Mathematics Stack Exchange is a question and answer site for people studying math at any level and professionals in related fields. Join them; it only takes a minute:

Sign up
Here's how it works:
  1. Anybody can ask a question
  2. Anybody can answer
  3. The best answers are voted up and rise to the top

Let $R$ be a one-dimensional local ring and let $f:R[[x]][y] \rightarrow R[y][[x]]$ be the inclusion map.

How can I show that $f$ is a faithfully flat ring homomorphism? Or can you give me a reference?


share|cite|improve this question

The usual way to show that a map of this kind is faithfully flat is to use the Artin--Rees Lemma and its corollaries, which show that adic completions of Noetherian rings are flat, and faithfully flat under appropriate hypotheses. For example, the completion of a Noetherian ring at any ideal contained in its Jacobson radical is faithfully flat.

In your particular case, you can check that the target of your inclusion $f$ is the $x$-adic completion of the source, and so the map is flat.

However, $x$ is not in the Jacobson radical of $R[[x]][y]$ (although it is in the Jacobson radical of $R[[x]]$, and also in the Jacobson radical of $R[y][[x]]$).

E.g. let $\mathfrak m_R$ be the maximal ideal of $R$, and consider the ideal $\mathfrak m := (\mathfrak m_R, xy -1)$. The quotient $R[[x]][y]/\mathfrak m$ is equal to $(R/\mathfrak m_R)[[x]][1/x]$, which is the field of Laurent series in $x$ over the residue field $R/\mathfrak m_R$. Thus $\mathfrak m$ is maximal, but does not contain $x$.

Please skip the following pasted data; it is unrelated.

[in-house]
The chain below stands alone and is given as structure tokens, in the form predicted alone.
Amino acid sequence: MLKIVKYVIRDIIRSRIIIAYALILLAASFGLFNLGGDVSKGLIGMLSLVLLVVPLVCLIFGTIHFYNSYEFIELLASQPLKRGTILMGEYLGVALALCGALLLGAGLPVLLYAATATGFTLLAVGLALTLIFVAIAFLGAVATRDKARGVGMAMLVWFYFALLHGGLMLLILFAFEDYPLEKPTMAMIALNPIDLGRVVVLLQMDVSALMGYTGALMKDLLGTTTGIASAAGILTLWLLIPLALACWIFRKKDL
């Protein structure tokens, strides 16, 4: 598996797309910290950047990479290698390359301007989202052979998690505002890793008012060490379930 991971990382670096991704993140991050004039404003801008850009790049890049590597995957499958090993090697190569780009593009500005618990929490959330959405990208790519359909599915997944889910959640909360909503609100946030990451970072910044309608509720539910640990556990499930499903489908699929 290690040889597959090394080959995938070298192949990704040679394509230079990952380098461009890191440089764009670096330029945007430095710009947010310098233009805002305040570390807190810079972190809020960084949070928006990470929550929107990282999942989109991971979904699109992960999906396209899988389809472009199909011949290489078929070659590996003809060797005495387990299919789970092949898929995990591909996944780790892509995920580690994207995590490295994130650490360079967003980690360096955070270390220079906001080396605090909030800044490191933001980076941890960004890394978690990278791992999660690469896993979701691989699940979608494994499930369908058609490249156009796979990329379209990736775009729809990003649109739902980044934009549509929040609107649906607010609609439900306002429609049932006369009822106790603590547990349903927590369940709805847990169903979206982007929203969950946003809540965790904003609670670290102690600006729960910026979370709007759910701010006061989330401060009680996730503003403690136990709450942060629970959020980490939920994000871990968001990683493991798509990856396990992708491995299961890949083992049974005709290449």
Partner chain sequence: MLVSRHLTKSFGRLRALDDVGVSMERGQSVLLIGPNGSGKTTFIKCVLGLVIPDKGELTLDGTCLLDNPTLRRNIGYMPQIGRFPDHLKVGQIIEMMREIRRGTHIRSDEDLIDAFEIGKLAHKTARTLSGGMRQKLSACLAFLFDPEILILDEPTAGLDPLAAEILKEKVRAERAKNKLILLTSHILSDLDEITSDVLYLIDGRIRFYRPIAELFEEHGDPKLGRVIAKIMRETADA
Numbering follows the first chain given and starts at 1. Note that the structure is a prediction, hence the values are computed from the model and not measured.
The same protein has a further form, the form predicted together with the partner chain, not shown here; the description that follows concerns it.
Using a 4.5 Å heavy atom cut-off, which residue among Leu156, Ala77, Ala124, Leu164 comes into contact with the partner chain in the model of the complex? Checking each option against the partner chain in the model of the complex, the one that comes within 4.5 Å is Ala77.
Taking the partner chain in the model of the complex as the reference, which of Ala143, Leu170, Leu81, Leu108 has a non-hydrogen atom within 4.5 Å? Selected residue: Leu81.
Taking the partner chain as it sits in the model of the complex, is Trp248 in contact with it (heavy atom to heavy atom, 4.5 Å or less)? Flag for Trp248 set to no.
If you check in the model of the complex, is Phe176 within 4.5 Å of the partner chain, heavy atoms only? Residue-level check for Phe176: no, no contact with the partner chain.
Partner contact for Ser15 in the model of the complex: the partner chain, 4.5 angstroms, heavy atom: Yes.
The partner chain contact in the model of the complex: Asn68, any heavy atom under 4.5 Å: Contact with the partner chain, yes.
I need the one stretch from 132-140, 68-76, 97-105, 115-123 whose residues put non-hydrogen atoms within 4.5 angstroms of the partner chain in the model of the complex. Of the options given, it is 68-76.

By Artin--Rees, the tensor product of $R[y][[x]]$ with $R[[x]][y]/\mathfrak m$ over $R[[x]][y]$ is equal to the $x$-adic completion of $R[[x]][y]/\mathfrak m$, which vanishes. Thus $R[y][[x]]$ is not faithfully flat over $R[[x]][y]$.

In fact, we could have just looked at the ideal $I = (xy - 1)$; i.e. the tensor product $R[y][[x]]\otimes_{R[[x]][y]} (R[[x]][y]/I)$ already vanishes, because $1 - xy$ is a unit in $R[y][[x]]$. The reason I introduced $\mathfrak m$ at all is just to show explicitly that $x$ is not in the Jacobson radical of $R[[x]][y]$.

The basic intuition is that in $R[[x]][y]$ you are allowed to specialize $y$ to be $1/x$. But in $R[y][[x]]$ you have elements of the form $ 1 + x y + x^2 y^2 + \cdots + x^n y^n + \cdots$ (this is precisely the inverse of $1 - xy$) and you cannot substitute $y = 1/x$ into such an element in a meaningful way.

share|cite|improve this answer
Dear Matt: I'm impressed! – Georges Elencwajg Feb 15 '12 at 23:28
@Georges: Dear Georges, Thank you! Best wishes, – Matt E Feb 16 '12 at 1:38
Dear Matt, thank you so much for your explanations. This helped me a lot! – eileendavid82 Feb 16 '12 at 2:51

Your Answer


By posting your answer, you agree to the privacy policy and terms of service.

Not the answer you're looking for? Browse other questions tagged or ask your own question.